"Or, did the candidate merely allocate money in a passive manner and without a genuine alignment of interests? You have to get granular about what they actually did, how they did it, whether they have directly managed family capital and what their skills set really is."
But Linda Mack has one last warning for those thinking this way and drooling at the prospect of choosing from a vastly expanded talent pool. It may tempt them to think that they can hire cheaply and get hold of high quality talent at a bargain price. This, however, may ultimately prove to be a self-defeating strategy.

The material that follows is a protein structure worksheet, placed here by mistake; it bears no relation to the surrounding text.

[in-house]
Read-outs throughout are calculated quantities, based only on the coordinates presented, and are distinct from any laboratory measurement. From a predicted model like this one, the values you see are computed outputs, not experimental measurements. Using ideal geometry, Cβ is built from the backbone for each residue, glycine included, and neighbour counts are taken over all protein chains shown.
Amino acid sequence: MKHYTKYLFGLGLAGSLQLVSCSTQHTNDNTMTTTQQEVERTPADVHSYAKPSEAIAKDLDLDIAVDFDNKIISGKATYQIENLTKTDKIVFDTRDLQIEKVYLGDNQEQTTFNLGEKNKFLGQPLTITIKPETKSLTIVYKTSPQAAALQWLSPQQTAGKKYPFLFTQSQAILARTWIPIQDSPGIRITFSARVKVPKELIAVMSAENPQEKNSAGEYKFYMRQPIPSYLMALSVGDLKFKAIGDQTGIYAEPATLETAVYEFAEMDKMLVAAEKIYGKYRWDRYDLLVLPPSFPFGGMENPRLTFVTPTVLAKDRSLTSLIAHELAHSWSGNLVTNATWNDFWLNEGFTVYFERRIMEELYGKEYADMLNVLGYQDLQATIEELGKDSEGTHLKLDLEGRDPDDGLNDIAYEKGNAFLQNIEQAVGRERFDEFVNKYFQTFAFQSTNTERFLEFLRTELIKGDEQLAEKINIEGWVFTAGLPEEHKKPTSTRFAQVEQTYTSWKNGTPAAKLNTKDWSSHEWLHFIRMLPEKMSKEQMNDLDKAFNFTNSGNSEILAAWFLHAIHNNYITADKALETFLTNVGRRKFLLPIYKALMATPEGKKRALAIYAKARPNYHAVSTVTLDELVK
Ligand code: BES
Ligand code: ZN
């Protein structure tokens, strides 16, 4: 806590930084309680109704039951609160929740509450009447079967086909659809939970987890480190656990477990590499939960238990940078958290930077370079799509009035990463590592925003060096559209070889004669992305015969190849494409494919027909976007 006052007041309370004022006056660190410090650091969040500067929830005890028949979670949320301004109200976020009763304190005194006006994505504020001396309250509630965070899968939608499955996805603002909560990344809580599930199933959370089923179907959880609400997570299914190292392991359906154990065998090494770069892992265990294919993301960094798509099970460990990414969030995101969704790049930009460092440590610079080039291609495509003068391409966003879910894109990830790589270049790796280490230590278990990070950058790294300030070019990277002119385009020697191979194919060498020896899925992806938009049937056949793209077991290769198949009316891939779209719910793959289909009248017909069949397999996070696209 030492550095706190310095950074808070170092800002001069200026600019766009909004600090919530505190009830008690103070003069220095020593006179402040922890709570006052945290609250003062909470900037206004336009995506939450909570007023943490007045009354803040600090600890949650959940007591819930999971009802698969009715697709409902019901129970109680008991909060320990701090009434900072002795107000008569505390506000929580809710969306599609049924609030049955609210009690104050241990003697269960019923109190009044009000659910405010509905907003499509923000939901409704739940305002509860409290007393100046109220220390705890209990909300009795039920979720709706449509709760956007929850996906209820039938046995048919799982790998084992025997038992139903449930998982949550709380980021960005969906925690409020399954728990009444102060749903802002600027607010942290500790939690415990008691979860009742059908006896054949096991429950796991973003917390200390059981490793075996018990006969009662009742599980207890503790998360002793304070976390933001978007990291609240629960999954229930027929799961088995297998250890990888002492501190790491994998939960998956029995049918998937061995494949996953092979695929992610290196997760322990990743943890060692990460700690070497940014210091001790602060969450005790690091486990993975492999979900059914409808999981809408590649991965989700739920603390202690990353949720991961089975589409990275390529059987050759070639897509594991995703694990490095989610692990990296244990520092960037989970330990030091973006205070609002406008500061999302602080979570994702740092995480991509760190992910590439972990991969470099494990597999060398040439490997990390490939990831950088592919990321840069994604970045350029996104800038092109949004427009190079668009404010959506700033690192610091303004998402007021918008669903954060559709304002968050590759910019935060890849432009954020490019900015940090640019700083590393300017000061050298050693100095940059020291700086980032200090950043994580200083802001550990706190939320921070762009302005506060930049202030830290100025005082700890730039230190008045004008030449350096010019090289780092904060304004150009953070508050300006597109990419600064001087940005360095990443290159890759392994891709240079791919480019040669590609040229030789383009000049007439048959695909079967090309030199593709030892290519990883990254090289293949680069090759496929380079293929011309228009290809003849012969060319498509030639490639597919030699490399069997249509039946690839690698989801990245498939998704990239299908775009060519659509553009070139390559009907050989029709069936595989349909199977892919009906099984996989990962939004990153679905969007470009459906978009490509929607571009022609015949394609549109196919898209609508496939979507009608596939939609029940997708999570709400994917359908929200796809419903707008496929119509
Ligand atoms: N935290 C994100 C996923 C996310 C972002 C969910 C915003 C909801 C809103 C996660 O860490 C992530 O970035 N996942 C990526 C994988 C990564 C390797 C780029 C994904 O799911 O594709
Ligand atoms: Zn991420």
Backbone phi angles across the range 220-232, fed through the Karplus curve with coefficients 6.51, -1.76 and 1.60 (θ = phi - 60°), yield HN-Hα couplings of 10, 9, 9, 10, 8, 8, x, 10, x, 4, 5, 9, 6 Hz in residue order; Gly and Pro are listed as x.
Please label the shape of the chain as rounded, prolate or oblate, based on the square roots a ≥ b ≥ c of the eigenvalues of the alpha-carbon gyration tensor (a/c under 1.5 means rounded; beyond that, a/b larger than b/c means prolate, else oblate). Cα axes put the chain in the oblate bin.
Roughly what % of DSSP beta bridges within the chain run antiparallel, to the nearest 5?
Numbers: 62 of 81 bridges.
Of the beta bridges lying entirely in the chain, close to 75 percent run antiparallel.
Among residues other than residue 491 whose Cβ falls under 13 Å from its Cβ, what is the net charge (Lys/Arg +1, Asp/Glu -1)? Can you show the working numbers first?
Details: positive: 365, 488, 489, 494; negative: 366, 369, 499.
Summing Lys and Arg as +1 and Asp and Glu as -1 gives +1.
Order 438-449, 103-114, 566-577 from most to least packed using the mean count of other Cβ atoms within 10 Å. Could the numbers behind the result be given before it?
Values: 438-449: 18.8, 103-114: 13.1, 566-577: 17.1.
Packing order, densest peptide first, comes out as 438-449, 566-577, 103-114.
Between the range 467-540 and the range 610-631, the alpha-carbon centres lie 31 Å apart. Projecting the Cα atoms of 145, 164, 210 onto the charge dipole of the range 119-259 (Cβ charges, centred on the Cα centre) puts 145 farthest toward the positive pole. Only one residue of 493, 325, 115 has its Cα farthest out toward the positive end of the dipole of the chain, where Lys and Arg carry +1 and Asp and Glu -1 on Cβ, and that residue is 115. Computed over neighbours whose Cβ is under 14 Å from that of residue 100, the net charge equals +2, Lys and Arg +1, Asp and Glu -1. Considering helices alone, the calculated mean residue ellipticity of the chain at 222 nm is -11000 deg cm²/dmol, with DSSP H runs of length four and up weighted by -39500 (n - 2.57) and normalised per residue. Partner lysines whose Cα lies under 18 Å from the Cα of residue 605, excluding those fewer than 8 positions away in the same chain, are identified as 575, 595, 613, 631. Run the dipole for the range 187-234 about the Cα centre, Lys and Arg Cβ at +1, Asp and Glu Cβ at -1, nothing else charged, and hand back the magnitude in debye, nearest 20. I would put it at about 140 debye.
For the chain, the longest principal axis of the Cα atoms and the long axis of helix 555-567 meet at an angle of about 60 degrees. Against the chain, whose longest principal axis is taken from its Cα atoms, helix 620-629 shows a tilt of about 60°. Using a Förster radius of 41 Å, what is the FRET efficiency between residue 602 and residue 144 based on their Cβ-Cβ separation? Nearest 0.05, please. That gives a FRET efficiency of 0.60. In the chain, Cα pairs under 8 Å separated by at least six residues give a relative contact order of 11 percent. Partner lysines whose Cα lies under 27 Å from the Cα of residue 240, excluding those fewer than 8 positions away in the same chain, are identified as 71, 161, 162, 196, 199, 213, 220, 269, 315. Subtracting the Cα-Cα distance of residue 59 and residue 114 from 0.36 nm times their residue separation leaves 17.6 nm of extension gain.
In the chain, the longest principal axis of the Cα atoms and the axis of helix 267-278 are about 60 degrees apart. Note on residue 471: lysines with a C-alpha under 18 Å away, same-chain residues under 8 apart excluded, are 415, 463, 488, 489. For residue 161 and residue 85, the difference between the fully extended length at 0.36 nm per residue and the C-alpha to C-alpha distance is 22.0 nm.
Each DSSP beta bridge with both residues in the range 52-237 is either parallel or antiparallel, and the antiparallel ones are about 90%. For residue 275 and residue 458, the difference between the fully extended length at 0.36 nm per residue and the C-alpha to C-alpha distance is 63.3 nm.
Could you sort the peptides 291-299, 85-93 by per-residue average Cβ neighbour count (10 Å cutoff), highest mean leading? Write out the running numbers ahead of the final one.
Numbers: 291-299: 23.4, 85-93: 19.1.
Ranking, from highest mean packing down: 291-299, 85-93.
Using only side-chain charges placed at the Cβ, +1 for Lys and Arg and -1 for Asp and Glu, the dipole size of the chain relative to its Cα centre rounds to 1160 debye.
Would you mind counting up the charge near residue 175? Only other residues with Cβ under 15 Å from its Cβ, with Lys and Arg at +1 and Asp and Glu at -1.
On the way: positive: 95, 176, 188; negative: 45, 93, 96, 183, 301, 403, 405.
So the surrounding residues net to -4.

"We work very hard with companies on compensation. We tell them not to be tempted to try and do this. The problem is if you hire someone and they think they have been ripped off, they are likely to leave as soon as they possibly can. They will leave as soon as there is an upturn," she says. "This can put companies right back to square one. They need to make sure that compensation remains competitive and their employees feel valued. That way they will be happy and they will be much more likely to stay in place."
With the sort of talent that is now available, that sort of message would seem to be particularly apposite at the current time. As the old maxim goes, hire too quickly and too cheaply, repent at leisure.